Windmill Networks this week officially launched and introduced its management integration software that industry watchers say could help reduce network performance management headaches and speed troubleshooting for time-strapped IT staff.
With decades of experience in the network industry, including time spent at Cisco, executives at start-up Windmill Networks say their flagship software will hit a nerve with network managers looking to more efficiently troubleshoot problems, optimize network performance and reconcile management data across distributed systems. The company, founded in April 2007 and based in Huntsville, Ala., is headed up by former Cisco staffer Fred Gray, who co-founded Windmill Networks, serves as CTO and is currently acting CEO. He says 10 years working with Cisco clients revealed to him the need for integration across management platforms.
“The network management staff typically ends up with many tools that require a lot of care and feeding and none of which work well together,” Gray says. “In my experience, I find most network managers are tired of using Perl spackle to tie all the network management tools together. We have developed a system that communicates across tools without a lot of drudgery on network managers' part.”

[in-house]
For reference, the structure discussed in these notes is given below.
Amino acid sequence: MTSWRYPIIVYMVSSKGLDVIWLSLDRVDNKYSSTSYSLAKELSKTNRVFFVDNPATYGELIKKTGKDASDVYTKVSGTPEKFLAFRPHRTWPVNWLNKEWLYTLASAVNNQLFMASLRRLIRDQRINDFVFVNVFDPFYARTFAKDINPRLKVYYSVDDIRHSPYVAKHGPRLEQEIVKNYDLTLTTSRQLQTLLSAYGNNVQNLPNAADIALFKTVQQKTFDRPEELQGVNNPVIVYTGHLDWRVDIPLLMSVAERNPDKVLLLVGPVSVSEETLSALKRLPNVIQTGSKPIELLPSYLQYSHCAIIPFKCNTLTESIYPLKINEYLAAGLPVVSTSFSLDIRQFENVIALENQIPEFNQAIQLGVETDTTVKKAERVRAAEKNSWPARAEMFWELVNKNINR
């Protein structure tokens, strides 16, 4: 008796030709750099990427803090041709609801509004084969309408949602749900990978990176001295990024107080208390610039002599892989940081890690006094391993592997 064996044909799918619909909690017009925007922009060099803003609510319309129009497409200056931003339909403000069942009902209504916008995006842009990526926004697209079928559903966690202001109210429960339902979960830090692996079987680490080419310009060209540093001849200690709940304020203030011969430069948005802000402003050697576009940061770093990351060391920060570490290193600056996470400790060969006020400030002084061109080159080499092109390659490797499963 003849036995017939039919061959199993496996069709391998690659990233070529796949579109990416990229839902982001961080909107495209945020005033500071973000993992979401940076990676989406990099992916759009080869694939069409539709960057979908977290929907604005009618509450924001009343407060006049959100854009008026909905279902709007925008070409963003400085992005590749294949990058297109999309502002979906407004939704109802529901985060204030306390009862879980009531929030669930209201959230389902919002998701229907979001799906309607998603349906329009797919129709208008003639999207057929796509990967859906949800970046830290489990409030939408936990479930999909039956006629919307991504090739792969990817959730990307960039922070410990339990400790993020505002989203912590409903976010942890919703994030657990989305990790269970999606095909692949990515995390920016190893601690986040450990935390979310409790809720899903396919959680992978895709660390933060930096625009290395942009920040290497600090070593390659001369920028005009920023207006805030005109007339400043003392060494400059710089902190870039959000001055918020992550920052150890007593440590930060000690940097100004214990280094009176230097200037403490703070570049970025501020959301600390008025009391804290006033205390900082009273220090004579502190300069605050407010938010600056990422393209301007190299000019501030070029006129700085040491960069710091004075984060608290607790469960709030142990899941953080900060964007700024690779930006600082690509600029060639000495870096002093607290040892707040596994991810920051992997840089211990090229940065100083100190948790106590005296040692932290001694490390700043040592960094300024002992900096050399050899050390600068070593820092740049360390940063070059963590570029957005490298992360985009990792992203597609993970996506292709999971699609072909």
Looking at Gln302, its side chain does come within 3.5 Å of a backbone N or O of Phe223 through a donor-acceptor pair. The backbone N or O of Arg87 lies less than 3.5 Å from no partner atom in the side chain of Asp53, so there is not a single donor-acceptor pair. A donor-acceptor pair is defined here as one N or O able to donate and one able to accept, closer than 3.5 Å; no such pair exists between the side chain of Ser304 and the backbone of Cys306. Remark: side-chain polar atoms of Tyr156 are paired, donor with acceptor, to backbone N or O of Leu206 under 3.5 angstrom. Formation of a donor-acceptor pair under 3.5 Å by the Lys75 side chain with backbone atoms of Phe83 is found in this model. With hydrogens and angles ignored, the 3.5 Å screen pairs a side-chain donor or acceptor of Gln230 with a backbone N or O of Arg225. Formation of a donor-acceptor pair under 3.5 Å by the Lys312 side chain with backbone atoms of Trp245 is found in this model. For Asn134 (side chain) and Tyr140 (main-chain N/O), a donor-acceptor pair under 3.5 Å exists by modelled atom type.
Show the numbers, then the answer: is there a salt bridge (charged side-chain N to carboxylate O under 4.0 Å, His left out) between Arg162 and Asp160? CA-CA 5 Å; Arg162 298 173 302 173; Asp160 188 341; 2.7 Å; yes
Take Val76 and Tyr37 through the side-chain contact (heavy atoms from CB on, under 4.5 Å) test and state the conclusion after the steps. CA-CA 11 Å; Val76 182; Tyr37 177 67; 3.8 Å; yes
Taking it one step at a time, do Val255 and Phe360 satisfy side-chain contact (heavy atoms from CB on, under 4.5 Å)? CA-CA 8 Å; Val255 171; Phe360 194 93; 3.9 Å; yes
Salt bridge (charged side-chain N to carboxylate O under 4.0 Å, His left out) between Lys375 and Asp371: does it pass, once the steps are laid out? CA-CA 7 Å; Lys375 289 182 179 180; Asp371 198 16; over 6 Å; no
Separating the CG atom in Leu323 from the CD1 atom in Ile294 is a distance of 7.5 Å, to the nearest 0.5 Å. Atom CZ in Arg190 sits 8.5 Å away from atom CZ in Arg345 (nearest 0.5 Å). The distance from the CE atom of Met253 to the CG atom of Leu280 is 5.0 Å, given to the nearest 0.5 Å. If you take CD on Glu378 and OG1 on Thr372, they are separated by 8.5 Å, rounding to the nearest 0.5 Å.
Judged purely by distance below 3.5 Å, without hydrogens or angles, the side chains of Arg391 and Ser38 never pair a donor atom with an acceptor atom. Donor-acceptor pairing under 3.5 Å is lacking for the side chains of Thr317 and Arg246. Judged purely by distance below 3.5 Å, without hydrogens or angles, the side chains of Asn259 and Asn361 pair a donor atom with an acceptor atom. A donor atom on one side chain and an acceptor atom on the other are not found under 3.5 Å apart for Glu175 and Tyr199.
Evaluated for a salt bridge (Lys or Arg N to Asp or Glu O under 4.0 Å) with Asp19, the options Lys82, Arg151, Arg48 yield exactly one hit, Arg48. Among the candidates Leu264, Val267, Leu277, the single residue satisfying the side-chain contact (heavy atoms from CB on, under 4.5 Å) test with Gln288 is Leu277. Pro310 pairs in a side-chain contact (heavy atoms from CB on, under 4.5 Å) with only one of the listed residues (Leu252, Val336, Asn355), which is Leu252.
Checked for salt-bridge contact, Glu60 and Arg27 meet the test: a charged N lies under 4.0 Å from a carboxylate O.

Windmill Integration Manager (WIM) installs as a VMware virtual appliance that includes a data correlation engine, which translates and reconciles information collected from multiple third-party management applications such as IBM Tivoli software or CiscoWorks. Customers pick and choose which agents to install depending on what management applications they have running in their environment. Network managers view data and generate reports via an Ajax-based user interface that supports all major Web browsers.
WIM would work well in large enterprise networks that can have anywhere between 2 and 60 management applications running simultaneously in their environments. The software aggregates data from third-party applications and translates, or reconciles, the information so that it can be easily compared and contrasted with data from other systems. This process alone could go a long way toward reducing troubleshooting time, analysts say.